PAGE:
The Sutra of Queen Śrīmālā of the Lion’s Roar (Śrīmālādevī Siṃhanāda Sūtra) is a Mahayana text no longer extant in Sanskrit but preserved in both the Chinese and Tibetan Buddhist canons. It teaches the doctrines of Tathāgatagarbha and the One Vehicle (Skt. ekayāna), through the words of the Indian queen Śrīmālā....
“The noble truth of the extinction [of suffering] is inconceivable, transcending all the conditions of the consciousness of living beings. This is also not the knowledge of arhats and pratyekabuddhas who, like those born blind, cannot see all shapes; or like a week-old infant who cannot see the disc of the moon. The truth of the extinction of suffering, similarly, does not belong to the condition of the common person’s consciousness nor to the two vehicles’ realm of knowledge. The common person’s consciousness refers to the two contrary views. The wisdom of all arhats and pratyekabuddhas is pure [in comparison with that of the common person].
“‘Limited views’ refer to the common person’s adherence to the misconception that there is a substantial ego within the five psychophysical elements (skandhas), which then causes the two views that are designated ‘contrary,’ namely, eternalism and nihilism. If one considers the conditioned states impermanent, this is nihilism and not the correct view. If one considers nirvana permanent, this is eternalism and not the correct view. Because of misconceptions, there are such views.
“In the sense organs of the body, which are discriminative in nature, some perceive the destruction of phenomena in the present moment. Unable to see phenomena in continuity, they become nihilistic in their views because of misconceptions. The ignorant, who are unable to uderstand or know the momentary consciousness with reference to its continuity, become eternal-istic in their views because of misconceptions. By this or that principle, they discriminate and maintain inadequate positions to an extreme degree. Because of foolish misconceptions they adhere to erroneous conceptions and contrary views, namely, nihilism and eternalism.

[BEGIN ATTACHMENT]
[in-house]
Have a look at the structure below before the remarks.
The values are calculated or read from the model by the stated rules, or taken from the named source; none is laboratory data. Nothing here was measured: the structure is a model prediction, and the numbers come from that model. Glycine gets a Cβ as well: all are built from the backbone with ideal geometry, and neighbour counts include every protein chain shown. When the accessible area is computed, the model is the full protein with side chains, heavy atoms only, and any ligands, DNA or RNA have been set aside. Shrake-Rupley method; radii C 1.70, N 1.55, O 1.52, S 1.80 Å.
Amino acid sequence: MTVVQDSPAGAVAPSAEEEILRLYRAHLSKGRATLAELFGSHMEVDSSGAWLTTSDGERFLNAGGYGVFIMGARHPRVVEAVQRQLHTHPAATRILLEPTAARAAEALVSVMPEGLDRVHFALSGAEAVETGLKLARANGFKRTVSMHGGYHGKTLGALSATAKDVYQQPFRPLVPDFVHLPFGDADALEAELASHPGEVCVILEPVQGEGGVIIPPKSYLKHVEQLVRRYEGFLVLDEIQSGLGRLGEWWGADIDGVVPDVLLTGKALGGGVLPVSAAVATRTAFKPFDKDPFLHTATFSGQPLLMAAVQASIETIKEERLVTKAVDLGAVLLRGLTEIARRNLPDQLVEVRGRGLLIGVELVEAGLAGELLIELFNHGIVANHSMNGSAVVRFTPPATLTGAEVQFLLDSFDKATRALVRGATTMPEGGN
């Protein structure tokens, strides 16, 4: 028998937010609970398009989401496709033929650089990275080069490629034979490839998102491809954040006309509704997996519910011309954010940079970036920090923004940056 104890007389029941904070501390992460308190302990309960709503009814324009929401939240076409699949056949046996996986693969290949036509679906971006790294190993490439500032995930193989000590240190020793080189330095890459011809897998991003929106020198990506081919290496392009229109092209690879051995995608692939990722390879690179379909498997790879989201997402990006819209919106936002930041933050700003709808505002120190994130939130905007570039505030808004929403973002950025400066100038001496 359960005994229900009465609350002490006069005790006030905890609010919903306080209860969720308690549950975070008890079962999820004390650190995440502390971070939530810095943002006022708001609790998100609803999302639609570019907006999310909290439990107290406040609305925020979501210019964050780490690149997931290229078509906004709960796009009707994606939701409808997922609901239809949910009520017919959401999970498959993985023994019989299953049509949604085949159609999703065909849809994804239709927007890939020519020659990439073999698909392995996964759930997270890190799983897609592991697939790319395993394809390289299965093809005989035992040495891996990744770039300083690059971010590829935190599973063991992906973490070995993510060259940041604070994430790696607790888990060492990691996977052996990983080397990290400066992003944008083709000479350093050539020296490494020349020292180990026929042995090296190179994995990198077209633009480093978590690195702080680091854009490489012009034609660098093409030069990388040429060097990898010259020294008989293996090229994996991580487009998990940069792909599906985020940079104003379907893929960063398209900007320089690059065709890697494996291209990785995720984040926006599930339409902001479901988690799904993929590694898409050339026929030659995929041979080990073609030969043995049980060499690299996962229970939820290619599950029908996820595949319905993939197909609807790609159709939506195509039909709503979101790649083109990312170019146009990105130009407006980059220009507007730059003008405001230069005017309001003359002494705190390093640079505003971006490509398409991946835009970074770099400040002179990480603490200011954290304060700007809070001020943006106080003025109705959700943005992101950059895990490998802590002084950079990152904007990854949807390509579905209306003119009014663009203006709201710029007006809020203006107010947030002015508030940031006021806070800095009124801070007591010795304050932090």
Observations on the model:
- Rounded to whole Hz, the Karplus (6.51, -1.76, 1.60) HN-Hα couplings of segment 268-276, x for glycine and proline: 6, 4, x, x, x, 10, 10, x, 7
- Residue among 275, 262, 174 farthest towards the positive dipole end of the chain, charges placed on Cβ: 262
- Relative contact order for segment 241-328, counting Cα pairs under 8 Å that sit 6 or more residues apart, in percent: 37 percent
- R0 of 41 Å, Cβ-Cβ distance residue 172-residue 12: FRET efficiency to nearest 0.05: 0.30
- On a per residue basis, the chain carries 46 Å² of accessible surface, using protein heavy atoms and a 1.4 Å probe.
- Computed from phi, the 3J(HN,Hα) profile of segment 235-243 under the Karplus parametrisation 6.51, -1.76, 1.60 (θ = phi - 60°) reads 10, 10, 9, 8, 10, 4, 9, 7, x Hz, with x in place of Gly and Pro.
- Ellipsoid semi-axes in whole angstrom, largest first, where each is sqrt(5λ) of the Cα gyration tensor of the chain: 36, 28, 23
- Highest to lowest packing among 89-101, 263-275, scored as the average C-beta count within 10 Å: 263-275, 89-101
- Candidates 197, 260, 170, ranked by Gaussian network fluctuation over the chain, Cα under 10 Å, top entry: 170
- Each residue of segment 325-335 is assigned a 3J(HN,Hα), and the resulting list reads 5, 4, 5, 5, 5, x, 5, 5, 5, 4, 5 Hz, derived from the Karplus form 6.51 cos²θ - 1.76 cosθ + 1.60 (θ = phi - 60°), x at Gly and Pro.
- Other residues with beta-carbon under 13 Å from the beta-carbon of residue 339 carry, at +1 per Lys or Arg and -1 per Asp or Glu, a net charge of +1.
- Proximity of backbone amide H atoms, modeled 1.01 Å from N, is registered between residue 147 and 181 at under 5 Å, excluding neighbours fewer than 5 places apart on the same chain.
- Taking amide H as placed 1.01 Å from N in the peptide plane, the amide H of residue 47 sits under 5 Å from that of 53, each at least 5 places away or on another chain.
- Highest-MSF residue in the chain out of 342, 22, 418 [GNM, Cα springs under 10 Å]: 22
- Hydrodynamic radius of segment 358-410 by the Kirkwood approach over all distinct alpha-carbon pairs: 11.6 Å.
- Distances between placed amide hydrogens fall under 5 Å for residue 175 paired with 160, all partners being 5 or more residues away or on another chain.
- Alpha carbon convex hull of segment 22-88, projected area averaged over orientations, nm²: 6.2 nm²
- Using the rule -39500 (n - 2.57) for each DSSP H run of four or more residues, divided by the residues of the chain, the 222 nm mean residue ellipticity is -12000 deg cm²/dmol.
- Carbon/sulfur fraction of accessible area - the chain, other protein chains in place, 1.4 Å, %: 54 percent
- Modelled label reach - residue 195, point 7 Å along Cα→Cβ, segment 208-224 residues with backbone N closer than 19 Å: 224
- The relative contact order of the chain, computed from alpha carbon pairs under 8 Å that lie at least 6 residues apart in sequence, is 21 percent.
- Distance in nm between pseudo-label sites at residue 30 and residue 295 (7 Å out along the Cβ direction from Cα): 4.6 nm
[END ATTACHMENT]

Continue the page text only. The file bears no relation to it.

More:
“O Lord, living beings have contrary ideas when they have acquired the five psychophysical elements of the individual. The impermanent is considered permanent, suffering is considered happiness. The nonsubstantiality of the self is considered a substantial self, the impure is considered pure. The knowledge of all arhats and pratyekabuddhas has not originally apprehended the Dharma body of the Tathāgata nor the realm of his omniscience. If there are living beings who believe in the Buddha’s words, they will have thoughts of permanence, of happiness, of self, and of purity. These are not contrary views but are correct views. Why? The Dharma body of the Tathāgata is the perfection of permanence, the perfection of happiness, the perfection of the substantial self, and the perfection of purity. Those who see the Dharma body of the Buddha in this way are said to see correctly. Those who see correctly are the true sons and daughters of the Buddha. They arise from the Buddha’s words, from the True Dharma, and from conversion to the Dharma, attaining the remaining benefits of the Dharma.
“O Lord, pure wisdom is the perfection of wisdom that belongs to all arhats and pratyekabuddhas. This pure wisdom, although it is called pure wisdom, with reference to the [conditioned noble] truth of the extinction [of suffering] is not the realm [of unconditioned wisdom]. Of course, the wisdom of [those beginning to study] the four basic truths (i.e., the four noble truths) also [does not belong to the realm of unconditioned wisdom]. Why? The three vehicles’ first actions were not ignorant of the Dharma. Because of their principles, they understood and attained [enlightenment]. The Buddha explained the four basic truths for their sake. O Lord, these four basic truths are the Dharma of the world. O Lord, the one refuge is all refuges. It is the transcendental and supreme refuge, namely, the truth of the extinction [of suffering].”